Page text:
The 1970 British Cohort Study (BCS70) follows the lives of more than 17,000 people born in England, Scotland and Wales in a single week of 1970. Over the course of cohort members lives, the BCS70 has collected information on health, physical, educational and social development, and economic circumstances among other factors.
Recruitment Period: 2004
Sample size at start or planned sample size if still recruiting: 16,122 (15,770 households included at Sweep 1; 352 ethnic boost interviews added at Sweep 4)
Estimated current sample size: 15,629
Age at recruitment: 13-14
Next Steps (previously known as the Longitudinal Study of Young People in England – LSYPE) is a major innovative cohort study of young people. The study began in 2004 and included all young people in Year 9, aged between 13 and 14, who attended state and independent schools in England.
Next Steps is one of the main information sources for the formation and appraisal of policies relating to young people and will continue to be so for at least the next 10 years. The baseline data will be used to monitor the progress of the cohort group, evaluate the success of policies aimed at this group and provide an evidence base for further policy development. The study brings together data from a wide range of sources and reflects the variety of influences on learning and progression.
Following the initial survey at age 13-14, the cohort members were visited every year until 2010, when they were age 19-20. Young people were interviewed along with their parents up to sweep 4 (age 17).
The most recent survey took place in 2015/16, when the cohort members were 25 years old. It maintained the strong focus on education, but the content was broadened to become a more multi-disciplinary research resource. Data was collected about cohort members’ housing and family life, employment and economic circumstances, education and job training, physical and emotional health, and identity and participation. A wide range of administrative data linkage consents were collected in the domains of health, education, economics and criminal behaviour.
The West of Scotland Twenty-07 Study: ‘Health in the community’ was set up in 1986 in order to investigate the reasons for differences in health by socio-economic circumstances, gender, the place where people live, age, ethnic group and family type.
The basic design of the Study involved recruiting three cohorts (groups) of volunteers, each group born twenty years apart. Members of the oldest cohort were born around 1932, those in the middle cohort were born in 1952, and those in the youngest cohort were born in 1972. A total of 4,510 people agreed to take part, and have been followed for 20 years. The final wave of data collection was completed in 2008. This means that when the Study began (1987/8) participants were 15, 35 or 55 years old, and by the end of the Study (2007/8), participants were 35, 55 and 75 years old.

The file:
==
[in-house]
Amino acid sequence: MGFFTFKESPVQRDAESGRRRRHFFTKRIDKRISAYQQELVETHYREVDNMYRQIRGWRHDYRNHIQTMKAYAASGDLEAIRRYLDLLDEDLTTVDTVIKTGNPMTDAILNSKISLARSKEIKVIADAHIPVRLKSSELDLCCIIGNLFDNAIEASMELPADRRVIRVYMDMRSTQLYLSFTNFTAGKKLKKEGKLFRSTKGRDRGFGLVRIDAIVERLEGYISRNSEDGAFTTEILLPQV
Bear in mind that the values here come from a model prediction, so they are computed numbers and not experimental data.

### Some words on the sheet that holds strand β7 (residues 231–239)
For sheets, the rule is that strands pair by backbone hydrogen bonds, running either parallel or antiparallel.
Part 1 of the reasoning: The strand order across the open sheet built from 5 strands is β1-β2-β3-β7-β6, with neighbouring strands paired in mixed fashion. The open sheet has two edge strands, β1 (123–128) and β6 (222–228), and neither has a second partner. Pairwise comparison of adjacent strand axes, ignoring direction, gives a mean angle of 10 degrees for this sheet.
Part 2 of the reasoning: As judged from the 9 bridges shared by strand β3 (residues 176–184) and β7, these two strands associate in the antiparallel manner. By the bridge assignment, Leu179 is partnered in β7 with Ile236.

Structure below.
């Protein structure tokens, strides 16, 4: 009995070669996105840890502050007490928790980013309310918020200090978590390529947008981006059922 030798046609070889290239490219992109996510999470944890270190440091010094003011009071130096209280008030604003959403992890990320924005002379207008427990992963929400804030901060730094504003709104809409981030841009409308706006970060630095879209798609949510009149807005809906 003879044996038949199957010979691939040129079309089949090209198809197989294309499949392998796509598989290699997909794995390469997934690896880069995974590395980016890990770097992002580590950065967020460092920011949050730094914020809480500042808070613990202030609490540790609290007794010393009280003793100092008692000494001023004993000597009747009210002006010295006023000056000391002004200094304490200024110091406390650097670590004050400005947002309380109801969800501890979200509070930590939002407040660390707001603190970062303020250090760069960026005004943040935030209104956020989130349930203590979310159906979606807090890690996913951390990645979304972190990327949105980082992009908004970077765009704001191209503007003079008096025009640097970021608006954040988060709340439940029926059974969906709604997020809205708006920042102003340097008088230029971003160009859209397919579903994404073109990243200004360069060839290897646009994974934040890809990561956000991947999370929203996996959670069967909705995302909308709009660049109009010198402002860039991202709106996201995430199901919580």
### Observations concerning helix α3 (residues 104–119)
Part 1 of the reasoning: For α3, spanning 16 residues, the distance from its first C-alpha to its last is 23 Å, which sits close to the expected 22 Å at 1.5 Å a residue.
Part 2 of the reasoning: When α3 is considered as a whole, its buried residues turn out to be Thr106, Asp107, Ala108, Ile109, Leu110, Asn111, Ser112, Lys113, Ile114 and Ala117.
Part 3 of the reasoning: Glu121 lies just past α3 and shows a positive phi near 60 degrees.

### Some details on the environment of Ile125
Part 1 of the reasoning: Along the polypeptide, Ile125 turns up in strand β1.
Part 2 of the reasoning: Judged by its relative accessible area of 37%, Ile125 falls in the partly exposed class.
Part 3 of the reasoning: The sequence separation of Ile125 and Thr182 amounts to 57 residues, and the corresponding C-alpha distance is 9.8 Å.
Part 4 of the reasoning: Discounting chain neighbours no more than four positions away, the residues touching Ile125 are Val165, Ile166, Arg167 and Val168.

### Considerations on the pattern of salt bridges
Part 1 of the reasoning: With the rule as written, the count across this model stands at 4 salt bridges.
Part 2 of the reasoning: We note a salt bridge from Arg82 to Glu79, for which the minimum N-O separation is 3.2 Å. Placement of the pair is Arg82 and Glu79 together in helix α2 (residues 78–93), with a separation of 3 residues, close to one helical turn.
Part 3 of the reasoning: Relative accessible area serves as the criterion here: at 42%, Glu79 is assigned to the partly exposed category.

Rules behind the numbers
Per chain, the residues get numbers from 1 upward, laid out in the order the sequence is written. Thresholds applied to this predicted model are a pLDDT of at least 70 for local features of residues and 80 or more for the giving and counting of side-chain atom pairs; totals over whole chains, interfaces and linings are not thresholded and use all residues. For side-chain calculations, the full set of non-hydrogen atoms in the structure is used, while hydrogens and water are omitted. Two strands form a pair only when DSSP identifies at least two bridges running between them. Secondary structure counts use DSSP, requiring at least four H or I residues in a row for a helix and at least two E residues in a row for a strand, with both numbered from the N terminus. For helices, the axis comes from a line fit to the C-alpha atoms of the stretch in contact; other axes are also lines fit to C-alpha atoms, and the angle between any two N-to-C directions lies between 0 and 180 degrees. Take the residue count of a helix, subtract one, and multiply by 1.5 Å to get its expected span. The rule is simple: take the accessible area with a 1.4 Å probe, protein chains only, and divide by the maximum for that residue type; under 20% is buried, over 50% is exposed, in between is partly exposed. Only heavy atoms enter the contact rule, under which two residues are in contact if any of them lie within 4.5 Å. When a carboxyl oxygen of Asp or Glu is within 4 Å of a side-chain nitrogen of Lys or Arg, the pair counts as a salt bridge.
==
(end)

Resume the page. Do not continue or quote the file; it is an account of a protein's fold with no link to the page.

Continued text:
The data collected are extensive and include self-reported mental and physical health (including chronic conditions, medications, disabilities); physical measures; biomarkers; cognition; life circumstances (including employment, housing, family); health behaviours; beliefs, attitudes and values. The cohort is being followed up for mortality using linkage to national records. Any data on neurodegenerative disease are from self-reported health and / or death certificates.
A full description of the cohort profile is available in the following publication: Cohort Profile: West of Scotland 20-07 study: health in the community. International Journal of Epidemiology 2009;38:1215-23
The National Child Development Study (NCDS) is a longitudinal study which follows the lives of 17,000 people born in England, Scotland and Wales in a single week of 1958. Also known as the 1958 Birth Cohort Study, it collects information on physical and educational development, economic circumstances, employment, family life, health behaviour, wellbeing, social participation and attitudes.
Since the birth survey in 1958, there have been nine further sweeps of all cohort members at ages 7, 11, 16, 23, 33, 42, 46, 50 and 55. In 2003 (at age 45), 9,000 cohort members also participated in a special bio-medical survey to learn more about how development, environments and lifestyles affect peoples health. CLS will carry out a new survey of the NCDS cohort at age 60 in 2018.
NCDS is part of CLOSER (Cohort & Longitudinal Studies Enhancement Resources) which aims to maximise the use, value and impact of the UK’s longitudinal studies.
Tracking Parkinson’s, or the PRoBaND study, is a UK-based study of Parkinson’s disease funded entirely by Parkinson’s UK.